9. Lovey80

    Lovey80 Well-Known Member

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    Milton Friedman and Freddy Hayek would strongly disagree with you.
     
  10. JohnnyBravo300

    JohnnyBravo300 Well-Known Member

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    It all comes down to perspective really, no different than the brown medicine water that flows through the streets of Mexico.
    What an American would say "made him sh1t his guts out" a local would consider a miracle cure for staying regular.

    My lil Cherokee wife is a wealth of knowledge with local plants and tells me that there are plants in our yard that her ancestors ate for contraceptives.
    To me that means that the squaws that ate those plants can no longer have babies.
     
  11. mmm....shiney!

    mmm....shiney! Administrator Staff Member Silver Stacker

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    Friedman was wrong:

    Inflation is more a social phenomenon than a monetary one.

    I like Hayek (Rothbardians generally don't), his theory on inflating and deflating private currencies is rather compelling and why I find some cryptocurrency projects aiming to do just that appealing. Hayek had a better grasp of the complexities of the market then Friedman and I would agree with him that when governments spend directly into the economy then that has an inflationary effect. However, most of the extra money that has been created by CBs (following Friedman's advice mind you) this past decade has not been spent into the real economy and hence it has not caused the spike in inflation. Social phenomena are responsible for that.

    I see iceberg lettuce are now $2 each and the size of a bowling ball. Oh the wonders of quantitative tightening on the availability, quality and price of foodstuffs. :p
     
  12. leo25

    leo25 Well-Known Member Silver Stacker

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    It's both. I don't understand why people keep say it's one or the other... This forum is like Groundhog Day.

    But Friedman is correct in that long term & wide spread inflation is a monetary phenomenon.
     
    Last edited: Sep 10, 2022
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  13. mmm....shiney!

    mmm....shiney! Administrator Staff Member Silver Stacker

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    I agree. Accommodative monetary policy has led to inflation in the price of assets not consumer goods or services.
     
  14. leo25

    leo25 Well-Known Member Silver Stacker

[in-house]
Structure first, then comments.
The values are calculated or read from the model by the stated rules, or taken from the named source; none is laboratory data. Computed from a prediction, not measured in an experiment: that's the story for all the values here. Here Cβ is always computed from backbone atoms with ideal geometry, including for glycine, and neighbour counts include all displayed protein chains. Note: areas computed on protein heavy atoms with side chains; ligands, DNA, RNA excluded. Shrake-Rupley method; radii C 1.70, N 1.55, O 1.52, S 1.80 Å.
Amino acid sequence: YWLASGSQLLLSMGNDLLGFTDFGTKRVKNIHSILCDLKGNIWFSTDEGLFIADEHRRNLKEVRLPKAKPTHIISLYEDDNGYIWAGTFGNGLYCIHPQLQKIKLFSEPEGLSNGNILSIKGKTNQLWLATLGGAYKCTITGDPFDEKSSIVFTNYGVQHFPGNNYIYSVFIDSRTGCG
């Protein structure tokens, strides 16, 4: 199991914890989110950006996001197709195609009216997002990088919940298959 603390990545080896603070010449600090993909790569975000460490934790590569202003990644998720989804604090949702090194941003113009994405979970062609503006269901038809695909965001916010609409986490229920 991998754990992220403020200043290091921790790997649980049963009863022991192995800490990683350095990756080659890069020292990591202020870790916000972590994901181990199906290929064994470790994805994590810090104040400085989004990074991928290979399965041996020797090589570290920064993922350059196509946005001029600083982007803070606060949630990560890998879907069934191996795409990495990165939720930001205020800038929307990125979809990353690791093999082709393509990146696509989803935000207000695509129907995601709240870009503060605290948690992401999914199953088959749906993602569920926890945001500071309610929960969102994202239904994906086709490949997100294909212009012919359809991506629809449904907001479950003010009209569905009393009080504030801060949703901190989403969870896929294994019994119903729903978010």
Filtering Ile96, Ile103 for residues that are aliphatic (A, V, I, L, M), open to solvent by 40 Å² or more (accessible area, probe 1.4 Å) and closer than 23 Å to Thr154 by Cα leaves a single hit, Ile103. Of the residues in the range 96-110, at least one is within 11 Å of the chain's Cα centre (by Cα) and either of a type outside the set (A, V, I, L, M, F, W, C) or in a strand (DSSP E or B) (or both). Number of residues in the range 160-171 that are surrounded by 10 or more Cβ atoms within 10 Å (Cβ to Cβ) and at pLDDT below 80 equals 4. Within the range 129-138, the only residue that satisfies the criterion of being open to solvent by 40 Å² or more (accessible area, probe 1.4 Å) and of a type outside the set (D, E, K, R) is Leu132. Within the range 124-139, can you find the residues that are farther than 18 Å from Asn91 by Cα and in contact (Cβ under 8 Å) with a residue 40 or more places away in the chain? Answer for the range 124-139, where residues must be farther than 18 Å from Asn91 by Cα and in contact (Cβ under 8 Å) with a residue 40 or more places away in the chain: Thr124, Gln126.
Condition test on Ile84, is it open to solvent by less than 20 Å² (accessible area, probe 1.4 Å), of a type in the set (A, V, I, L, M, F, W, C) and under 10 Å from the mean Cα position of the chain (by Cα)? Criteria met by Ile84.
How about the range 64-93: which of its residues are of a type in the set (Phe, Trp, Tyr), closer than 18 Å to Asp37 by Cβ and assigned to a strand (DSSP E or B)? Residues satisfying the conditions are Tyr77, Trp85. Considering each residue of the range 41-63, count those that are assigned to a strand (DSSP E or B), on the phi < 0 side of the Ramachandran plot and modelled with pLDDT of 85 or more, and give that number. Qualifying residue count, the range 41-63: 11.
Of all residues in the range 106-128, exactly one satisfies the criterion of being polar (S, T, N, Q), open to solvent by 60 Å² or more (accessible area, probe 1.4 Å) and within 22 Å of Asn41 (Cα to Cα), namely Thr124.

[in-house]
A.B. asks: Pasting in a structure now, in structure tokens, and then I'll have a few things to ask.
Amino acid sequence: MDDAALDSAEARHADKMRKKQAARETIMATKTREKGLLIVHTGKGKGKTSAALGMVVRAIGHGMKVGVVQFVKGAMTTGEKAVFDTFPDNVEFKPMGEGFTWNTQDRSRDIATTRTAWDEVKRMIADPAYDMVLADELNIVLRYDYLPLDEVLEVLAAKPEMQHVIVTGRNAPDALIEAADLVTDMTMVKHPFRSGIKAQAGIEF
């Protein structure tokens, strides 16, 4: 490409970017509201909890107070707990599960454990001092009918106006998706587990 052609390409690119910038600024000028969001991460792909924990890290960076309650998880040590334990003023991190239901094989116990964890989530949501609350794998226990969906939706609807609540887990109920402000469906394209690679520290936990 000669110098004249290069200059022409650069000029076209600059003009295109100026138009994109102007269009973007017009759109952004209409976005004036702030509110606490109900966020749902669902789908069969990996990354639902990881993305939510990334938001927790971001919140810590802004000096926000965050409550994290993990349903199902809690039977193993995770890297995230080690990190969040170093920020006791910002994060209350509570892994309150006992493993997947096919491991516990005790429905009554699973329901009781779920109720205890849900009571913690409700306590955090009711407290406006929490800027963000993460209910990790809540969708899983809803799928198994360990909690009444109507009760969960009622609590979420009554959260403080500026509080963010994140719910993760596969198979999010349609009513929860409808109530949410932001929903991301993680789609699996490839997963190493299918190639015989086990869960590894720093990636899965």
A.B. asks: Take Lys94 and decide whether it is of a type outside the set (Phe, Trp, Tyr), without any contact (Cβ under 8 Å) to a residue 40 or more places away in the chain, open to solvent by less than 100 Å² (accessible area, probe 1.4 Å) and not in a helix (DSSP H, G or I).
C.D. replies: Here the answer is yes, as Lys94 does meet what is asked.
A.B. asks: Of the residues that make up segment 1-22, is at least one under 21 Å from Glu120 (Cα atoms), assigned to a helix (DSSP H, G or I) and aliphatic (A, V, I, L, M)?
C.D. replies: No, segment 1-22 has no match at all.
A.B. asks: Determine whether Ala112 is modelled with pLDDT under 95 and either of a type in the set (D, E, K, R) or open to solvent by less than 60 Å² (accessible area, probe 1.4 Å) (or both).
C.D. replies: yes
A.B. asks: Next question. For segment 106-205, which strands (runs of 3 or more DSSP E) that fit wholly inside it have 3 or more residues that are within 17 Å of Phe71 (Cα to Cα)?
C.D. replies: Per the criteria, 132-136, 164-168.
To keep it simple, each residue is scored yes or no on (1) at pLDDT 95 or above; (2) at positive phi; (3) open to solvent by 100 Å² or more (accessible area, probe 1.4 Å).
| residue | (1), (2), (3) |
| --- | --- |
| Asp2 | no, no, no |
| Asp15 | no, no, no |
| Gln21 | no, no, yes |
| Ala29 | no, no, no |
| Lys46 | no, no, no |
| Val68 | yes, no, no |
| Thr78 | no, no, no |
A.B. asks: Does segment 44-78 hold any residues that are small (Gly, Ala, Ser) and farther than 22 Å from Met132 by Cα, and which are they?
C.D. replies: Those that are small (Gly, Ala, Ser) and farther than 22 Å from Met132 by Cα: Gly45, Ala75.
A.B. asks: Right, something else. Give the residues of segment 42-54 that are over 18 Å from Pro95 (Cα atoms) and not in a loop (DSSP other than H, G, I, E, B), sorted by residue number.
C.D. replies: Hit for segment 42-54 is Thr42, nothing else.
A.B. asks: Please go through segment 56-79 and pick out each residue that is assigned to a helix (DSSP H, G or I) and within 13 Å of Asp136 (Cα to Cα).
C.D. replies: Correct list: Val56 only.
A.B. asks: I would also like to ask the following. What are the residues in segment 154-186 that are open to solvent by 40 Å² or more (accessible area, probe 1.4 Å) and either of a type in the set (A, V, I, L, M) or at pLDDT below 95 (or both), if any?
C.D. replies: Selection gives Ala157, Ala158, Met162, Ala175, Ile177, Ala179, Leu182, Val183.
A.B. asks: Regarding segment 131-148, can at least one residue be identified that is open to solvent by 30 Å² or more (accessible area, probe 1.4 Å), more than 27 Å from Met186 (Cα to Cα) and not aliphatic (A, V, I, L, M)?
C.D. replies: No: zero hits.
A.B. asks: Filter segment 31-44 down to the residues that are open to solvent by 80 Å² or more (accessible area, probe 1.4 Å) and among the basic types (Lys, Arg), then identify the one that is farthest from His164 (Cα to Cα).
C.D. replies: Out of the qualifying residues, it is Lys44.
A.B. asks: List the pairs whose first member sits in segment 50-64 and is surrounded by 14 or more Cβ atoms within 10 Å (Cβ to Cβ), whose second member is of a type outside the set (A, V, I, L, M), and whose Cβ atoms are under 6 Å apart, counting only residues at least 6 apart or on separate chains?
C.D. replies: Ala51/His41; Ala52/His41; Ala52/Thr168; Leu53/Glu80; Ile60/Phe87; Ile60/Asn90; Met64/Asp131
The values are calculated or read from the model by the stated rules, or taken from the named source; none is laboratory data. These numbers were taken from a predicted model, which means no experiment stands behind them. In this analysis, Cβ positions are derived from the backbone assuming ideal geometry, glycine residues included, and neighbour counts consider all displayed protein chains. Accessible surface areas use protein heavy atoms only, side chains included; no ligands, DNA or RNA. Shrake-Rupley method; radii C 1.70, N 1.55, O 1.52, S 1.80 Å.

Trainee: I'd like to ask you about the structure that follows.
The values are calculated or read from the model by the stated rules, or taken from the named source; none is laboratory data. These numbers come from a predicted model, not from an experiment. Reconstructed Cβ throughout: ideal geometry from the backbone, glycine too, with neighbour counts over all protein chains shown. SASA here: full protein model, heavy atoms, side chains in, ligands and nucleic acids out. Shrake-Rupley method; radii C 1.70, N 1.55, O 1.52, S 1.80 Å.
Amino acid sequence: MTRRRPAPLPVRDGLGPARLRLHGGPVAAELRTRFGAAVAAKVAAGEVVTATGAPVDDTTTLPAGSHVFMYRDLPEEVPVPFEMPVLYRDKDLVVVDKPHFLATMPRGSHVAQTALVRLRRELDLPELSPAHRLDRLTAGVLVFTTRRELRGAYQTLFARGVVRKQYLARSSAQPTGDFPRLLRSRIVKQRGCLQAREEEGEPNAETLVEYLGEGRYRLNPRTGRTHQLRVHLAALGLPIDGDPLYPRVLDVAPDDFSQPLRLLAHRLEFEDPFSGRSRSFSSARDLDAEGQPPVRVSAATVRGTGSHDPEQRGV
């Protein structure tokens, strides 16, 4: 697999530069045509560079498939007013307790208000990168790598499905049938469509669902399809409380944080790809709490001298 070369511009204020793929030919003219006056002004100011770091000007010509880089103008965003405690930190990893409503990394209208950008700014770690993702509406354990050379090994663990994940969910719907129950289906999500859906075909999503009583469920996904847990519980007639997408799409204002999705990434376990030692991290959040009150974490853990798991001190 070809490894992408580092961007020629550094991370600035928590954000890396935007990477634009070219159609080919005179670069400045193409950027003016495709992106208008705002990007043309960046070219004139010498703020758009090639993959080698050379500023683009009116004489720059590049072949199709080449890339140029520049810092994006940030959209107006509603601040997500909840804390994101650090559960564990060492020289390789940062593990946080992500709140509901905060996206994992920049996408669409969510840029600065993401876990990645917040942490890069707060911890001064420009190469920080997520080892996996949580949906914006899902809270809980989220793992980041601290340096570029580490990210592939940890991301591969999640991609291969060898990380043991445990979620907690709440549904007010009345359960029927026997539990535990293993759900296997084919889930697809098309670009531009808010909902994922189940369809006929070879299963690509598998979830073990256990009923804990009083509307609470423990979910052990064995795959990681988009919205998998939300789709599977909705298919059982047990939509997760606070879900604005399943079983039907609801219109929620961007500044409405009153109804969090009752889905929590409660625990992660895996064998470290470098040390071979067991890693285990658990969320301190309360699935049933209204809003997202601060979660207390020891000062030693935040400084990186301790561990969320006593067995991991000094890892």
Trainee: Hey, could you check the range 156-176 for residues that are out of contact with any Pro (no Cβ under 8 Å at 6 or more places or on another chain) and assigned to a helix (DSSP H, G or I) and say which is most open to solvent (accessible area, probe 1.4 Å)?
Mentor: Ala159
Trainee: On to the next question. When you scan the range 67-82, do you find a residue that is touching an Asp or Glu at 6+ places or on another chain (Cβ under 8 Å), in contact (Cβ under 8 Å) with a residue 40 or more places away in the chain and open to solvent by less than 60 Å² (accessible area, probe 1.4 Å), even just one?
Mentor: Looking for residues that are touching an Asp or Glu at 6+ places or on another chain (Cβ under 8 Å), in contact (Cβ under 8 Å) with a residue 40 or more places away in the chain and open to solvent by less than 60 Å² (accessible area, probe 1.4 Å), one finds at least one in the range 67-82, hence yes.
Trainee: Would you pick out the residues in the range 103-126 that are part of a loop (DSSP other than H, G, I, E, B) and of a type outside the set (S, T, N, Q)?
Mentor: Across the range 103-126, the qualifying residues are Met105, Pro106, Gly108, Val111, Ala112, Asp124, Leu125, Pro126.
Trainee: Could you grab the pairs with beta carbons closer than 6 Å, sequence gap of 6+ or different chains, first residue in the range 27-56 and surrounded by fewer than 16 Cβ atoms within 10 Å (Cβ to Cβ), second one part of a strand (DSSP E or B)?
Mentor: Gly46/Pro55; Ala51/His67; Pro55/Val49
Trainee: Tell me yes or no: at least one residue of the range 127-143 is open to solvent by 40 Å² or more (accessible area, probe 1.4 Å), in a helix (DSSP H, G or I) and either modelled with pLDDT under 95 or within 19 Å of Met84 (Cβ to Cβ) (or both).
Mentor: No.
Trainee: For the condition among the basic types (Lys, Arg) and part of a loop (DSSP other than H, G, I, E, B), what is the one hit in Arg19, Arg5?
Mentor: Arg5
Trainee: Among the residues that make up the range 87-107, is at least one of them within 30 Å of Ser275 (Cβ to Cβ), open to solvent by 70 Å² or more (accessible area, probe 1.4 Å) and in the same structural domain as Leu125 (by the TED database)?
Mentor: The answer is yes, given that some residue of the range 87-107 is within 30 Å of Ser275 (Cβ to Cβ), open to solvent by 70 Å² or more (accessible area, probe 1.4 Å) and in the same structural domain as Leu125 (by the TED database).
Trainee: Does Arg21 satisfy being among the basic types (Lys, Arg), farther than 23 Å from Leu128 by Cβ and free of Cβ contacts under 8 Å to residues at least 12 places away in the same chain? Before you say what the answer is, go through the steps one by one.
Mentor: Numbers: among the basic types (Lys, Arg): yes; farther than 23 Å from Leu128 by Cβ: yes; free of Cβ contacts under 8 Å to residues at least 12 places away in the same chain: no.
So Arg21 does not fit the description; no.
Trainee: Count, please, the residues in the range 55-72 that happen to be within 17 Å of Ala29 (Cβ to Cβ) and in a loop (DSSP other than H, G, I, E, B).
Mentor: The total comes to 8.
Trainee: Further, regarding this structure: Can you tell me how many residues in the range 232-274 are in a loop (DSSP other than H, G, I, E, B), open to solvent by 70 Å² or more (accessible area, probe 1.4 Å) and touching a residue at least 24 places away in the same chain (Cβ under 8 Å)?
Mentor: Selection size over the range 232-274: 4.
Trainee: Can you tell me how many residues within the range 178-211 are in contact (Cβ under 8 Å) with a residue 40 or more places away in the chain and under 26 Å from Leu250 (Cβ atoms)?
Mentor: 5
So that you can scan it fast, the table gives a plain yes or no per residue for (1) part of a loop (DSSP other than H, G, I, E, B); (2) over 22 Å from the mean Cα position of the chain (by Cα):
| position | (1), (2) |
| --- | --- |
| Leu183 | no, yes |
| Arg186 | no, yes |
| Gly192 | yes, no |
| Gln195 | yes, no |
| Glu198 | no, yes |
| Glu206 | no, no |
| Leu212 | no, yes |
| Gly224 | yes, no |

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    It's worth noting when China entered the global market it caused deflationary prices in general goods. CB's stupidly panicked thinking it was due to a reduction of money (instead of the obvious reduction of labor cost from china) and therefore stimulated the money supply.

    Atm due to lockdowns and China's extensive lockdowns and higher labor cost, this has caused inflation in general goods. CB's stupidly panicked thinking it was due to a increase of money and therefore started adding "resistance" to the money supply.

    Though unlike Volcker where he targeted the money supply and not the interest rate, Powell is targeting the interest rate and not the money supply.
     
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  15. mmm....shiney!

    mmm....shiney! Administrator Staff Member Silver Stacker

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    I can't find the data from Macrobusiness showing that only about 20% of prices for consumer goods/services are elastic, therefore targetting consumer behaviour as a means to reducing inflation is going to fail about 80% of the time, whether that's using interest rates or money supply as the tool.
     
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  16. sammysilver

    sammysilver Well-Known Member Silver Stacker

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  17. Michael Kay

    Michael Kay Active Member

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    That's a pretty random commodity to choose. The devil is in the details - the Lockyer Valley has finally bounced back after the floods, and this time of the year is the season for iceberg lettuce. Strawberries are also in season. But heaps of other shit is still expensive.
     
  18. mmm....shiney!

    mmm....shiney! Administrator Staff Member Silver Stacker

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    I've been tracking the price of lettuce in this thread for months. ;)

    Aaah, so you're saying the ridiculous price for lettuce in the past few months wasn't because the RBA engaged in accommodative monetary policies? :p

    Such as?
     
  19. mmm....shiney!

    mmm....shiney! Administrator Staff Member Silver Stacker

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    What's been happening over the past few months in the markets:

    https://www.cnbc.com/2022/09/12/sto...wall-street-awaits-key-inflation-report-.html
     
  20. leo25

    leo25 Well-Known Member Silver Stacker

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    If only they made videos like this today. Probably the best video describing what CB's do, short and simple.

     
    Last edited: Sep 18, 2022